Admin form in D8
The admin settings form for our custom theme

Now admins can choose whatever colors they want, or from one of your pre-created schemes. If you change those and view the site, you will see that has happened yet. The next step needed is to create the CSS that Drupal will actually be using to color the site with the values entered in the admin form.

Setting Up Your CSS

There are, in my opinion, two approaches to how you could setup your CSS file to color your site.

  1. Create color classes that you apply to your HTML as needed that color things
    .primary_color {
      color: #3f51b5;
    .primary_color_bg {
      background-color: #3f51b5
  2. Take all of the selectors that need colors and move those into your CSS file.
    #header {
      background-color: #3ft1b5;

I personally think the first approach is much cleaner and will save you time and headaches, but in this example I’m doing the second approach for simplicity. Below is what our dist/css/color.css file looks like.

#header {
  background-image: none;
  background-color: #3f51b5;

h1 {
  color: #536dfe;

body {
  color: #3b3b3b;
  background-color: #ffffff;

#page {
  background-color: #ffffff;

Something very important that you should take note of is how colors in your CSS map to the colors in the admin form. In Drupal 8 we are grabbing the HEX defined as the default in your and replacing that with the new value saved in the config form. In our default scheme, primary color is set to #3f51b5 so in our color.css file anywhere that hex exists, it will get overridden to be the new primary color set in the admin interface.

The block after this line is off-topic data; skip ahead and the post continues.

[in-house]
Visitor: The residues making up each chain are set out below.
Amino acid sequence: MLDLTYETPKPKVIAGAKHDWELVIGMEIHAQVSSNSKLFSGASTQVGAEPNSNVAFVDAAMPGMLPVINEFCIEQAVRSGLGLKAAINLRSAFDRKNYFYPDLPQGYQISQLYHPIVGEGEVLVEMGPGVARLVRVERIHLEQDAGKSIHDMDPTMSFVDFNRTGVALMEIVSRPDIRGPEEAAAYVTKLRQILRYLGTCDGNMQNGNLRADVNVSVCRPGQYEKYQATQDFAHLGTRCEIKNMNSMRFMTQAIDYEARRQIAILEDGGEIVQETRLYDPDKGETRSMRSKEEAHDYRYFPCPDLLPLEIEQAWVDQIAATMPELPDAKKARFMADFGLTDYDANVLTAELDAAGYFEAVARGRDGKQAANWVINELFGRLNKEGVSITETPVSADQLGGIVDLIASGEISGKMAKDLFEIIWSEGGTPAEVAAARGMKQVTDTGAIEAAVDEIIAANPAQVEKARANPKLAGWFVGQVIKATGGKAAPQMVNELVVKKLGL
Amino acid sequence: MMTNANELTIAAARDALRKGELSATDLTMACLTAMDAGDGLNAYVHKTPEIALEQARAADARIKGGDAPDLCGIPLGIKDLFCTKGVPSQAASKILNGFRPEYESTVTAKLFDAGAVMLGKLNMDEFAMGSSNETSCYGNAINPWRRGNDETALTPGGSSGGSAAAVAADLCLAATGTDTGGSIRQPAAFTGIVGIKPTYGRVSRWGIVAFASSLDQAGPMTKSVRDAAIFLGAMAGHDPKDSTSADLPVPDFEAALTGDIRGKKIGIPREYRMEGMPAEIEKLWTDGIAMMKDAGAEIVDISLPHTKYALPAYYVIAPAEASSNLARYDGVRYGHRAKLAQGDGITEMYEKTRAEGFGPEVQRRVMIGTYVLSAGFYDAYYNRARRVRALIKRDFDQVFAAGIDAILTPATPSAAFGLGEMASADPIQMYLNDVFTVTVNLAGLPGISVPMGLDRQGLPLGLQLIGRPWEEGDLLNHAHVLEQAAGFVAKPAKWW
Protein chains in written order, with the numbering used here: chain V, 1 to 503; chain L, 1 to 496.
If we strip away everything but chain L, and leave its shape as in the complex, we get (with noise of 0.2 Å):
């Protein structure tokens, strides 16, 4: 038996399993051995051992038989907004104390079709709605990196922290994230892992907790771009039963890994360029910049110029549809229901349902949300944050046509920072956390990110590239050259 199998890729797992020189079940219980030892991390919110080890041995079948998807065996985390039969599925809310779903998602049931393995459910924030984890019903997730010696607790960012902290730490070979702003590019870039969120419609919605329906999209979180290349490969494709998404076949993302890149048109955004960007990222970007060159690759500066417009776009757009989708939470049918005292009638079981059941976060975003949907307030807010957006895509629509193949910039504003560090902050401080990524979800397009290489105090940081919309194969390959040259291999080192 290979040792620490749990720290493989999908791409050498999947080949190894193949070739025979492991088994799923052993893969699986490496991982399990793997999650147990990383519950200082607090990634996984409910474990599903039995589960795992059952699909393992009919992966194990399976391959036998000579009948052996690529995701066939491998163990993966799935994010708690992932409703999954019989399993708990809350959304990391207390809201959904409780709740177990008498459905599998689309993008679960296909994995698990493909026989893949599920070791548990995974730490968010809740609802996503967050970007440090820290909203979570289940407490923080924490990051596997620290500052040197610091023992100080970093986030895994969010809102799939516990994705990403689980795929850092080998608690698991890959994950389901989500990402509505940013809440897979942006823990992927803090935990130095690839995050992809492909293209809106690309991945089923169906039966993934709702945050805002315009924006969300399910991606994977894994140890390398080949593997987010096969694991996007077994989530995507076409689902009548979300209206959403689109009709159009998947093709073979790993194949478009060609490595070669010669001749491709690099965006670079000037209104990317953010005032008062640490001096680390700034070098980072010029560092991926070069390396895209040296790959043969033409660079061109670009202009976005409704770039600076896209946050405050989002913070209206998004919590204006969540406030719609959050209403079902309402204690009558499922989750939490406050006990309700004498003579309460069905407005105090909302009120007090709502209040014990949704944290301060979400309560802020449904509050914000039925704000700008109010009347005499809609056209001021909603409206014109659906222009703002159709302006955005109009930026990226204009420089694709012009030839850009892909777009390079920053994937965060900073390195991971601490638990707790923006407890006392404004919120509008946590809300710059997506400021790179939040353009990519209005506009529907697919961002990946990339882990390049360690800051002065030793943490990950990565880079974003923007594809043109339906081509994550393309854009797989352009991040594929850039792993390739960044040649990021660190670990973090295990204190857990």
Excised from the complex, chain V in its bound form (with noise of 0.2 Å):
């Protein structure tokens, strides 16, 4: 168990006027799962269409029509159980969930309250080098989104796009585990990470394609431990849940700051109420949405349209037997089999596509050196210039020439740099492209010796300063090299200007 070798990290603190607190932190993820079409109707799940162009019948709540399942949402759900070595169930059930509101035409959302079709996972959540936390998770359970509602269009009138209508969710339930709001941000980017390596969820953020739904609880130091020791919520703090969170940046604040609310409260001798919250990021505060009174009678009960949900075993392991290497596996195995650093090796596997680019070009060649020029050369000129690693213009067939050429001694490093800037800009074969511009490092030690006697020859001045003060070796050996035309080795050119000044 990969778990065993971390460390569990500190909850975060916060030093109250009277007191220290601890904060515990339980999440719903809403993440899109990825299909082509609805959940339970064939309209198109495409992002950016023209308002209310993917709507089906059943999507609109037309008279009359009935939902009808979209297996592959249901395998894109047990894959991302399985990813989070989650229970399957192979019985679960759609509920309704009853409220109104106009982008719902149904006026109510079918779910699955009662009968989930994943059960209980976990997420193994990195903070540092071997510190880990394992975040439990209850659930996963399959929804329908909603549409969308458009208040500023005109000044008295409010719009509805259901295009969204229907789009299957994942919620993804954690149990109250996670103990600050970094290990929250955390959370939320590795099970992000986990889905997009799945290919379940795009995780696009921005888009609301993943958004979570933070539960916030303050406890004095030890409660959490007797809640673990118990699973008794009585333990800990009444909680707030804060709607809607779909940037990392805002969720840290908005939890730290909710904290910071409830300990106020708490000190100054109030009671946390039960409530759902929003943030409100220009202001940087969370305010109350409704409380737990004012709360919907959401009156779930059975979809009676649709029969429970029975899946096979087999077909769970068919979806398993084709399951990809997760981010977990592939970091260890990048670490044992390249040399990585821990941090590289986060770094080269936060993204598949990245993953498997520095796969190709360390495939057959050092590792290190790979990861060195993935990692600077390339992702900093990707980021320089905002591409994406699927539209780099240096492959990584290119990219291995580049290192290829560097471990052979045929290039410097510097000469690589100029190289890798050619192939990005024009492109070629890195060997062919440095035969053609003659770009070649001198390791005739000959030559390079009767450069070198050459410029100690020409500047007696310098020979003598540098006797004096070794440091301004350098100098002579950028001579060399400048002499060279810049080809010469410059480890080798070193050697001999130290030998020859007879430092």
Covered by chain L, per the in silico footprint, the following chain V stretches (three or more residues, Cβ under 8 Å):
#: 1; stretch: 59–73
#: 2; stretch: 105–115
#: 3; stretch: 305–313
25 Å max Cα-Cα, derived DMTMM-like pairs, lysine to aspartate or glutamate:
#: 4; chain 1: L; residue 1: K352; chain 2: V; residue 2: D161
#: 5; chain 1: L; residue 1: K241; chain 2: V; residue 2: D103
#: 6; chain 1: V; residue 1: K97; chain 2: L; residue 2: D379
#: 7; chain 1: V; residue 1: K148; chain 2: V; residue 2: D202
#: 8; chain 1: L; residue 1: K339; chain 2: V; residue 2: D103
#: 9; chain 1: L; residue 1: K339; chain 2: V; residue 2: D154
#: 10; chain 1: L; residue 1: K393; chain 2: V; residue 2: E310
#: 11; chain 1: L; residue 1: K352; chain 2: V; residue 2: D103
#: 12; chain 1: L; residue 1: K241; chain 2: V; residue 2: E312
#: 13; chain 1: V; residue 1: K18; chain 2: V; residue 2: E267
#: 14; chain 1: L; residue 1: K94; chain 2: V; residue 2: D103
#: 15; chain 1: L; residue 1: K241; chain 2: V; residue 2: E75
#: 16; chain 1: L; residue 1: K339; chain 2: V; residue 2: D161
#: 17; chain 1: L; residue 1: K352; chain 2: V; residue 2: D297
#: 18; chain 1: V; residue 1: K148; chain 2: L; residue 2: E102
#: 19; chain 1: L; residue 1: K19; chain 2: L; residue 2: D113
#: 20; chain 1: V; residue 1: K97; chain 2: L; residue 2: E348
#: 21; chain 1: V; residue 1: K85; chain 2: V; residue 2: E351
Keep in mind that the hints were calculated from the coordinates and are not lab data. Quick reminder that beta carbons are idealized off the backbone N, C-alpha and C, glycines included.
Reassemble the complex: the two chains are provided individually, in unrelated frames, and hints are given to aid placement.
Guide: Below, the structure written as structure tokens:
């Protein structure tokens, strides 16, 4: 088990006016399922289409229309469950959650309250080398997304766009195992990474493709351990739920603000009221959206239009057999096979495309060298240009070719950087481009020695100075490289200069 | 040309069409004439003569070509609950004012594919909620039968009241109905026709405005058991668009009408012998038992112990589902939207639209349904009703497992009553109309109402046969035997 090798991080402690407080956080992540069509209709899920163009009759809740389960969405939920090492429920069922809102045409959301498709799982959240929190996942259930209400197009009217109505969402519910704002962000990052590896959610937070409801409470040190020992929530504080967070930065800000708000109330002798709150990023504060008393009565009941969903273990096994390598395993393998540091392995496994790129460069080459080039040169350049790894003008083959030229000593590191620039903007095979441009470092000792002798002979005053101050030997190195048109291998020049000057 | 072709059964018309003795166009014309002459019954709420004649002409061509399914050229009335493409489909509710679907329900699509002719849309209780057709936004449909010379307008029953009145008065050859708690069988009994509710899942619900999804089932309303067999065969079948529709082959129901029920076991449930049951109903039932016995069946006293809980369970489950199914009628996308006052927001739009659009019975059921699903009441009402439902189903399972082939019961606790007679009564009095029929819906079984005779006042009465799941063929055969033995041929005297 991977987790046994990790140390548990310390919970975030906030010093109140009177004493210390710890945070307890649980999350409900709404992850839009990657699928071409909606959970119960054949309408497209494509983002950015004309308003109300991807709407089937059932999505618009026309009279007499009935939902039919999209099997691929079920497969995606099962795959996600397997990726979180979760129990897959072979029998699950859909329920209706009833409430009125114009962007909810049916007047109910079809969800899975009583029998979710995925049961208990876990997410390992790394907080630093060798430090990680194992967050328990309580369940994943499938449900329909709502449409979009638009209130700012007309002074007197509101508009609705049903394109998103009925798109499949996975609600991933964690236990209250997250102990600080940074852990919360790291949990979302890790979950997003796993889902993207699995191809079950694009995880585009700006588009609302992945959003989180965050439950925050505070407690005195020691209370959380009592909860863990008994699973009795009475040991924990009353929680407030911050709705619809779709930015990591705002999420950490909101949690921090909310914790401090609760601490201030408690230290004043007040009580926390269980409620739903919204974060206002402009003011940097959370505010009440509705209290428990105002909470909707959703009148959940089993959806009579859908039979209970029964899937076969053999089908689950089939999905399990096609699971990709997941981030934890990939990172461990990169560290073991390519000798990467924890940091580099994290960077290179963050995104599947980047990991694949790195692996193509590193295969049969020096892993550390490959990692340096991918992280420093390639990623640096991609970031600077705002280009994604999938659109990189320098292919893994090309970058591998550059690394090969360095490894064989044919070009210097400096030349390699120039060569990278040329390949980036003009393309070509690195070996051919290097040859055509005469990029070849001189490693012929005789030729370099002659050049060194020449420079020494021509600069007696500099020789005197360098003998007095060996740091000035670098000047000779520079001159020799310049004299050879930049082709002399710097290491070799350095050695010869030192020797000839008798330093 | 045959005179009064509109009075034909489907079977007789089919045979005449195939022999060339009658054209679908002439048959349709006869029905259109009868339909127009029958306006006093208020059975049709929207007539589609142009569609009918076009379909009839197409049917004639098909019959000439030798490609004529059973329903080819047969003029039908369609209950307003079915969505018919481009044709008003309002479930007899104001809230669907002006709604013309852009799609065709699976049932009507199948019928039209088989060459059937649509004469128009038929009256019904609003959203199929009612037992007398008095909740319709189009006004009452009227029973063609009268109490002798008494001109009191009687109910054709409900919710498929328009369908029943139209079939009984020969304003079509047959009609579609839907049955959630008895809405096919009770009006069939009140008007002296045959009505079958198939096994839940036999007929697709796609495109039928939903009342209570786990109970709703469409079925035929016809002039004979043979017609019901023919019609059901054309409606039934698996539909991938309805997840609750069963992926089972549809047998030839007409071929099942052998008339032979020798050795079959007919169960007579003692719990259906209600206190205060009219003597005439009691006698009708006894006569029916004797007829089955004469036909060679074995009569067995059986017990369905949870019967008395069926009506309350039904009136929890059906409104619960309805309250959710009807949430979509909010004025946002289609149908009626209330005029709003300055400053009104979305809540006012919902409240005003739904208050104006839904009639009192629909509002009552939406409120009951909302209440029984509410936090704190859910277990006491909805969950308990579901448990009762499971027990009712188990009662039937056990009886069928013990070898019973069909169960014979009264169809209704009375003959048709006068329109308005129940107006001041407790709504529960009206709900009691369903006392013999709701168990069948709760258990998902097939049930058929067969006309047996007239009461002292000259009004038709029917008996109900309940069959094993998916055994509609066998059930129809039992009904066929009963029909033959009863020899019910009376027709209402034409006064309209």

Now that everything is setup, we are good to go to the admin interface again and change the color scheme. Once changed to the red scheme, if we reload the home page this is what it looks like:

website with red theme
Our Bartik based site with the Red color scheme

We can also head back into the theme settings and choose completely custom colors, disregarding predefined color schemes.

Admin settings with color wheel
The color settings as set using the color wheel

Once we save that and head back to the homepage, we’re greeted by this very ugly site.

our website but green

This obviously isn’t the ideal situation, and you should be able to create much better looking sites if you contact a designer to create your color schemes and consider what elements should allow color changes.

Quirks you might run into

  • If you added keys in the but you don’t see them in the theme settings form even after a cache clear you must clear out the color.theme.custom_theme config. You can do that with a drush command drush cdel color.theme.custom_theme
  • This seems weird, but for me I had to make my HEX values in both my and my color.css lowercase or they didn’t get overridden.


The Color Module just works, is simple to set up, and is a great tool to know how to use. At Code Koalas we have used it on a multiple sites for clients and will continue to use it when it is appropriate for the project.